Brian Keane Scores Oliver Sacks

Just as Oliver Sacks was finishing his autobiography, he learned he had 6 months to live.

The world-renowned neurologist — and author of books like Awakenings and The Man Who Mistook His Wife for a Hat — had terminal cancer. He invited Ric Burns to document his thoughts, and interview colleagues.

Paul Allen backed the film. “Oliver Sacks: His Own Life” is a story of discovery, fascination, incredible human compassion, quirky humor, heartbreak, and the wonders of being alive.

It debuted as a hit at Telluride, sold out the New York Film Festival, and will air on PBS’ “American Masters.” It opens September 23 via streaming, and in art house theaters.

The documentary’s soundtrack was composed and created by Brian Keane. The 1971 Staples High School graduate has composed the music for hundreds of films and television shows, produced over 100 albums, and earned Grammys, Emmys and Peabodys.

Brian Keane and Ric Burns, at work on “Oliver Sacks: His Own Life.”

Sacks was a complicated subject to compose music for. It was a challenge to find the best ways to make the film move viewers — and move the story along.

“Oliver was quirky, but very serious,” Keane says. “He was intellectual, but extremely compassionate. His patients were strange by outward appearance, but human beings trapped in a tunnel of their maladies, viewing a glimpse of light from a distance that Oliver was at work trying to connect for them.

“Oliver was deeply troubled himself, yet uniquely gifted. There is a deep sense of wonder, and fascination with life itself and with our existence, in this story. Oliver was asking ‘who are we?,’ yet this is also a story of a man who had 6 months to live.”

Sacks was also a classical pianist and music lover. At one point in the film Keane left him playing his own, slightly out-of-tune piano. Keane used the piano as Oliver’s voice, often with a live chamber orchestra for emotional intensity.

In the 1980s, Keane produced 4 records of Tibetan Bells with Henry Wolff and Nancy Hennings, and 1 with Grateful Dead percussionist Mickey Hart.

He thought the bells’ strange, wavelike qualities would give a scientific-like feeling of a different mind, looking at different types of conditions. They too became part of the score.

Brian Keane

“We needed pioneering electronics to devise sounds of inside-the-brain scientific discovery as well,” Keane explains. He and longtime engineer Jeff Frez-Albrecht explored their electronic creation devices to form a palette of other-worldly custom electronic sounds for the film.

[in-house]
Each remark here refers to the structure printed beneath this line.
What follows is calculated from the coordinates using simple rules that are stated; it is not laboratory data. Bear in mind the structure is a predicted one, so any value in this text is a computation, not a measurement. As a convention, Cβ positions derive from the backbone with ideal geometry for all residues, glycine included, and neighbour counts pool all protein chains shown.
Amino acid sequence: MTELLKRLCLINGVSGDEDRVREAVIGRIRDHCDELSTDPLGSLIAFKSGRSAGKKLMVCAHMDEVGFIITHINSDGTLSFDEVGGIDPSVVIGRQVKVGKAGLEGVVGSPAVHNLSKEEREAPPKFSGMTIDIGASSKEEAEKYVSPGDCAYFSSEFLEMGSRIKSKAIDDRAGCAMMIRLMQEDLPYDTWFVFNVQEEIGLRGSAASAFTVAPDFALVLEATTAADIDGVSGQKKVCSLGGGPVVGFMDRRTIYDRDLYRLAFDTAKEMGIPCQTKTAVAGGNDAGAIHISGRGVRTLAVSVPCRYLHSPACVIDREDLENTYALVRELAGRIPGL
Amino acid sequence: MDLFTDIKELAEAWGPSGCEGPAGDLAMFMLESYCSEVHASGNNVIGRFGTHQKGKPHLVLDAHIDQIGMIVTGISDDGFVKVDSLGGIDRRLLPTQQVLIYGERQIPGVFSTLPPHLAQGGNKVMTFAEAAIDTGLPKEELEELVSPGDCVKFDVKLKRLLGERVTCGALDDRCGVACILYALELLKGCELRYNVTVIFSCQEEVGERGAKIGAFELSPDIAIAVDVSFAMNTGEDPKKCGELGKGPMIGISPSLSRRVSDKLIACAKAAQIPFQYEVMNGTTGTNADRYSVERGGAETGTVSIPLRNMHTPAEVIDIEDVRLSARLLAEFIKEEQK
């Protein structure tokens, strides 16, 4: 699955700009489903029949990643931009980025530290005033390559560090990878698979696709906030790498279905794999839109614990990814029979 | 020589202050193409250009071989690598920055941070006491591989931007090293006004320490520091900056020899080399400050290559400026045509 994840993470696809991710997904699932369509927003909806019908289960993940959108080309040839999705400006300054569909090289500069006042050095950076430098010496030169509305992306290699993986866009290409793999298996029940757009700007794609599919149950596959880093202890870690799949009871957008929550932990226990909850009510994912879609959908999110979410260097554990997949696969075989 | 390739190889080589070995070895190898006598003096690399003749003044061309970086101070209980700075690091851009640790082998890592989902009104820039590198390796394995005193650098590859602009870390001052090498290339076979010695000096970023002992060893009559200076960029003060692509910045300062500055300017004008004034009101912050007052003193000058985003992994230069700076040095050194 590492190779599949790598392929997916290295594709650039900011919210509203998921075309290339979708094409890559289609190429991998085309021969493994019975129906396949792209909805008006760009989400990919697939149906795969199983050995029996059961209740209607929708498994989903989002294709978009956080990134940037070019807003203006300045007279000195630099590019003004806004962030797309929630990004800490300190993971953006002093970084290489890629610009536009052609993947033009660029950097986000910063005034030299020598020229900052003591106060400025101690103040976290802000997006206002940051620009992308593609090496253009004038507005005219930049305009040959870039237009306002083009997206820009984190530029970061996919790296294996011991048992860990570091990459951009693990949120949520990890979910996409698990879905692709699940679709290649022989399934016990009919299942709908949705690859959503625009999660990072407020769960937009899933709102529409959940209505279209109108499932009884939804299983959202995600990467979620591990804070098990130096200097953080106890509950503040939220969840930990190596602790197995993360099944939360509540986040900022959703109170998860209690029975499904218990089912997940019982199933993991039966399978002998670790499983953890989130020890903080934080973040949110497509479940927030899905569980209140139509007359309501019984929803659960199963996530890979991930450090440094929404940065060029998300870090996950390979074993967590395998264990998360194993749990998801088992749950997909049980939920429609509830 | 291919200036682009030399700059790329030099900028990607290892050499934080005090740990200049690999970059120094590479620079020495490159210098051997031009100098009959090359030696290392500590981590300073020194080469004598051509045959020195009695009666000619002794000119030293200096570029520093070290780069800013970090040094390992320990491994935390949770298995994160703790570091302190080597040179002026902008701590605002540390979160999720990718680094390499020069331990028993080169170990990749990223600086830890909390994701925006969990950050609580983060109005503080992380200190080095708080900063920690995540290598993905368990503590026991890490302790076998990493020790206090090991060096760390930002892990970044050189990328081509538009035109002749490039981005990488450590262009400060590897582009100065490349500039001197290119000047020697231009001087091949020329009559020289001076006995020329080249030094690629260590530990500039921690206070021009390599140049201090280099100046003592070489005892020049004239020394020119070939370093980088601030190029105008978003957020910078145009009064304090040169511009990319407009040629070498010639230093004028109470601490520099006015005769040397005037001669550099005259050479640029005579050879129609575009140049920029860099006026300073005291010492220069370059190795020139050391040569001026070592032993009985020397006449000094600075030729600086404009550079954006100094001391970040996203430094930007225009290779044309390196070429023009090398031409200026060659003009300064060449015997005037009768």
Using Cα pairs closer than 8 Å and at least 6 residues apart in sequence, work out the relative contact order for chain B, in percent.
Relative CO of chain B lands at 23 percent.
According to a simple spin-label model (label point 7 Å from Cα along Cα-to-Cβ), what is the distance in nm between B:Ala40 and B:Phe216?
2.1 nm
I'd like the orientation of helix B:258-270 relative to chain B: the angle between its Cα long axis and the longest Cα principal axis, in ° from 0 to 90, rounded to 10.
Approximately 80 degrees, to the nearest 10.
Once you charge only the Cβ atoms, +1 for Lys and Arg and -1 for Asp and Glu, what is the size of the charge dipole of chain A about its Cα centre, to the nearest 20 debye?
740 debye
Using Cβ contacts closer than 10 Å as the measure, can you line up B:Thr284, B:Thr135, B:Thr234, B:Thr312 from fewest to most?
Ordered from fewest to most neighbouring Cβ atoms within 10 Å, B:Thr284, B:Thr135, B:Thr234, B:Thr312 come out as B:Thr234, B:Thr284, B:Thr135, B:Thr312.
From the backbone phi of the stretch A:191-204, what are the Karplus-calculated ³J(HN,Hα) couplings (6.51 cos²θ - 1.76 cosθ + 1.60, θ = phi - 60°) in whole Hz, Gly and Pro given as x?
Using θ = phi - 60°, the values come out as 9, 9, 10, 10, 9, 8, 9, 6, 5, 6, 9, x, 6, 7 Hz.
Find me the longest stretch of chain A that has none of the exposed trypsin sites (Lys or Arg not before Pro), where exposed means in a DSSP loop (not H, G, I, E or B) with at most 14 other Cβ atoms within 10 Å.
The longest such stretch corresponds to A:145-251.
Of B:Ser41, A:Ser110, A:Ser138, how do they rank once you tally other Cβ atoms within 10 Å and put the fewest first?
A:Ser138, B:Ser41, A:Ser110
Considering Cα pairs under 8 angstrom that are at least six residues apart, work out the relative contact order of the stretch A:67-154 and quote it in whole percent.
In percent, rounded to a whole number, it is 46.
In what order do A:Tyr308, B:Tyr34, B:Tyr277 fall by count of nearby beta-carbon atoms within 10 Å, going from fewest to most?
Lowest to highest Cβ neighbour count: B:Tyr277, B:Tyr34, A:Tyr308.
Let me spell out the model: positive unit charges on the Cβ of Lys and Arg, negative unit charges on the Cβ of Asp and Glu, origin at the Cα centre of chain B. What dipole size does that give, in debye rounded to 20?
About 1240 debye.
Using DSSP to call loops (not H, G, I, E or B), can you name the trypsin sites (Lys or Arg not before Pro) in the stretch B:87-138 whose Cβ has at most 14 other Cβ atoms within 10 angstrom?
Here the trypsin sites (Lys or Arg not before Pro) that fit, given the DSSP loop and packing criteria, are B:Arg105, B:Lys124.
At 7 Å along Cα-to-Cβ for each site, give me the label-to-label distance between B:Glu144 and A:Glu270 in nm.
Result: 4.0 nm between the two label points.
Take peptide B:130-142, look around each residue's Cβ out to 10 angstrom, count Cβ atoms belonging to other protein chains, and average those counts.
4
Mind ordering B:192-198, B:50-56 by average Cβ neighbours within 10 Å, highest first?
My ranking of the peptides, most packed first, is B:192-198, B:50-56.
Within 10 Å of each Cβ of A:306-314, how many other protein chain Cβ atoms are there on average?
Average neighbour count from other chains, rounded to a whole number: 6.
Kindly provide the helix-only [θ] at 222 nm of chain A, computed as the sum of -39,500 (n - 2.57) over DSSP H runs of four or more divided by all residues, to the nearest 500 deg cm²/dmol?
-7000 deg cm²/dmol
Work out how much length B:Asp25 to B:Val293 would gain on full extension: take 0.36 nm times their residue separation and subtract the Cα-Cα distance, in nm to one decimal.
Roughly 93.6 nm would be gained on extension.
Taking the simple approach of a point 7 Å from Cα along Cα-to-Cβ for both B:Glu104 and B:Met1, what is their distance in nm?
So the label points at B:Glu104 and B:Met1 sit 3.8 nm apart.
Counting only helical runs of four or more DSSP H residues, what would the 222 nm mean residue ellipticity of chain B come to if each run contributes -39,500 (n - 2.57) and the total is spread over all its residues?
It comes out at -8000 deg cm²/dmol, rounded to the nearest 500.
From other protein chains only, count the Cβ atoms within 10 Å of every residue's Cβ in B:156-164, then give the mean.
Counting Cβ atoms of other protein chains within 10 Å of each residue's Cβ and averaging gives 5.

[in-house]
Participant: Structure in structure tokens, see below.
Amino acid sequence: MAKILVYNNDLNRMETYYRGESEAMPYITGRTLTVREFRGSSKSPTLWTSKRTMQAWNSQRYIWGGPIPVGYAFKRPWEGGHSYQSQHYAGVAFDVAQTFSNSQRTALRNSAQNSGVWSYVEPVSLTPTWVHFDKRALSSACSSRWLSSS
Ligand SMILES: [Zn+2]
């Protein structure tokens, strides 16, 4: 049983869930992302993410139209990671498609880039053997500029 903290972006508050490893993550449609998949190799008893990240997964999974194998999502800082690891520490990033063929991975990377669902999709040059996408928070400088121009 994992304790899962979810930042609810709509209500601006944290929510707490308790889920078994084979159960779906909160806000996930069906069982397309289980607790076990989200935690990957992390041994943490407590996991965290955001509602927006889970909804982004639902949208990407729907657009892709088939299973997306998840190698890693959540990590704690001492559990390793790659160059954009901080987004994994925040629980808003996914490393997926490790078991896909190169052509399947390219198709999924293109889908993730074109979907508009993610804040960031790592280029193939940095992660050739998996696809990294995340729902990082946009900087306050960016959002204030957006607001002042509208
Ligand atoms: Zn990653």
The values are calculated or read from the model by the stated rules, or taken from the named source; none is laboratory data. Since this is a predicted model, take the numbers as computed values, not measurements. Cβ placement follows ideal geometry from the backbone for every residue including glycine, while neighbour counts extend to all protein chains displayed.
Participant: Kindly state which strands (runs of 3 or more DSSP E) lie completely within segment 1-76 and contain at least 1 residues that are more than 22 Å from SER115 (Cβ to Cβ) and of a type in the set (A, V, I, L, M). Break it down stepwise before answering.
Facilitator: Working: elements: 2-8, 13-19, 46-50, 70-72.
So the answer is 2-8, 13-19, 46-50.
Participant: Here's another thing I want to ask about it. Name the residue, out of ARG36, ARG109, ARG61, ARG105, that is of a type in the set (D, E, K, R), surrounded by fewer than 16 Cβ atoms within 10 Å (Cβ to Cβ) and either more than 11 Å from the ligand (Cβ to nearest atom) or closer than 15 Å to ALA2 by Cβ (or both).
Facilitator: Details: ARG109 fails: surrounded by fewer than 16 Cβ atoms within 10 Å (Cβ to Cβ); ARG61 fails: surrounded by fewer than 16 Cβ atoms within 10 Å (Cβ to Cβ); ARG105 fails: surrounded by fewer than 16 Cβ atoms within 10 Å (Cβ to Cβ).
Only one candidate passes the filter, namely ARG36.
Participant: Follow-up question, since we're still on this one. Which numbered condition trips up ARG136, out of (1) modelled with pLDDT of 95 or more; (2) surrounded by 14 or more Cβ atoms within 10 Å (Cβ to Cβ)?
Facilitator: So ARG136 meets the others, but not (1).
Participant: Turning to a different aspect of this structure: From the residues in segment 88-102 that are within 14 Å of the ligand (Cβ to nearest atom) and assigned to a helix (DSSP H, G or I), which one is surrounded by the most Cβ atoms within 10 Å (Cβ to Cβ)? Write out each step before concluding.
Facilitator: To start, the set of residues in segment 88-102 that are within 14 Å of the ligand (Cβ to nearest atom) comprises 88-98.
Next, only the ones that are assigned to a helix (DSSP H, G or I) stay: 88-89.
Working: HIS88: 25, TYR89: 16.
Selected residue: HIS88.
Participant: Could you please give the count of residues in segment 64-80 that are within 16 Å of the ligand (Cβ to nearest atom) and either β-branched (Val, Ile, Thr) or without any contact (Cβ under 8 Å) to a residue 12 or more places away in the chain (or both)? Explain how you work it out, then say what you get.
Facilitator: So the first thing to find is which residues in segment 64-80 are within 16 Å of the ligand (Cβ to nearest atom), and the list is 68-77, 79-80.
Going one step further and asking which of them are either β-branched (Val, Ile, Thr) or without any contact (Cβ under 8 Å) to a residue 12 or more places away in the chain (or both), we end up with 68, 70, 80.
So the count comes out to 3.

Oliver was a wild child of the ’60s, so Keane included some rock ‘n’ roll — much like he played as a guitarist in Charlie Karp’s Reunion Band.

Keane scored the main theme as a waltz, for a sense of quirkiness. The melody is simple, full of wonder. It’s accompanied by the Tibetan Bells, to give a deeper sense of cutting-edge discovery, and is supported by a chamber orchestra.

The other main theme was “compassionate,” Keane says. It opens with a single note, then widens the intervals to large leaps, amplifying the emotional empathy.

Elsewhere, he says, the score simply needed to connect what was being said or felt to a deeper meaning. That’s exemplified in the credit music: a simple piano figure with chamber orchestra, and bowed metal creating eerie sounds in “a heartbreakingly beautiful, wistfully ethereal and poignant way.”

Intrigued? Click here to listen to the score. Click below, for the official trailer.

Then mark your calendar for September 23, and the release of the fascinating (and musically compelling) “Oliver Sacks: His Own Life.”

 

5 responses to “Brian Keane Scores Oliver Sacks

  1. Quite the career Brian. Another challenging project.

  2. Having a hard time finding what stations are streaming it. Can someone please tell us where to find it online? Thanks.

  3. Thanks, Dan!

  4. It was interesting to read the description “uniquely gifted” about Oliver Sacks—because I think the same thing could be said about Brian. The variety of music he has composed over the years is amazing. And so is the fact that he is still going strong with such creative work at an age when many musicians, for whatever reason, don’t have the creative juices flowing anymore.

    I would like to note that, way back in the day, Brian wasn’t too shabby in the backcourt either. Hopefully he will be hired to write the score for the documentary about the Knicks’ next championship.

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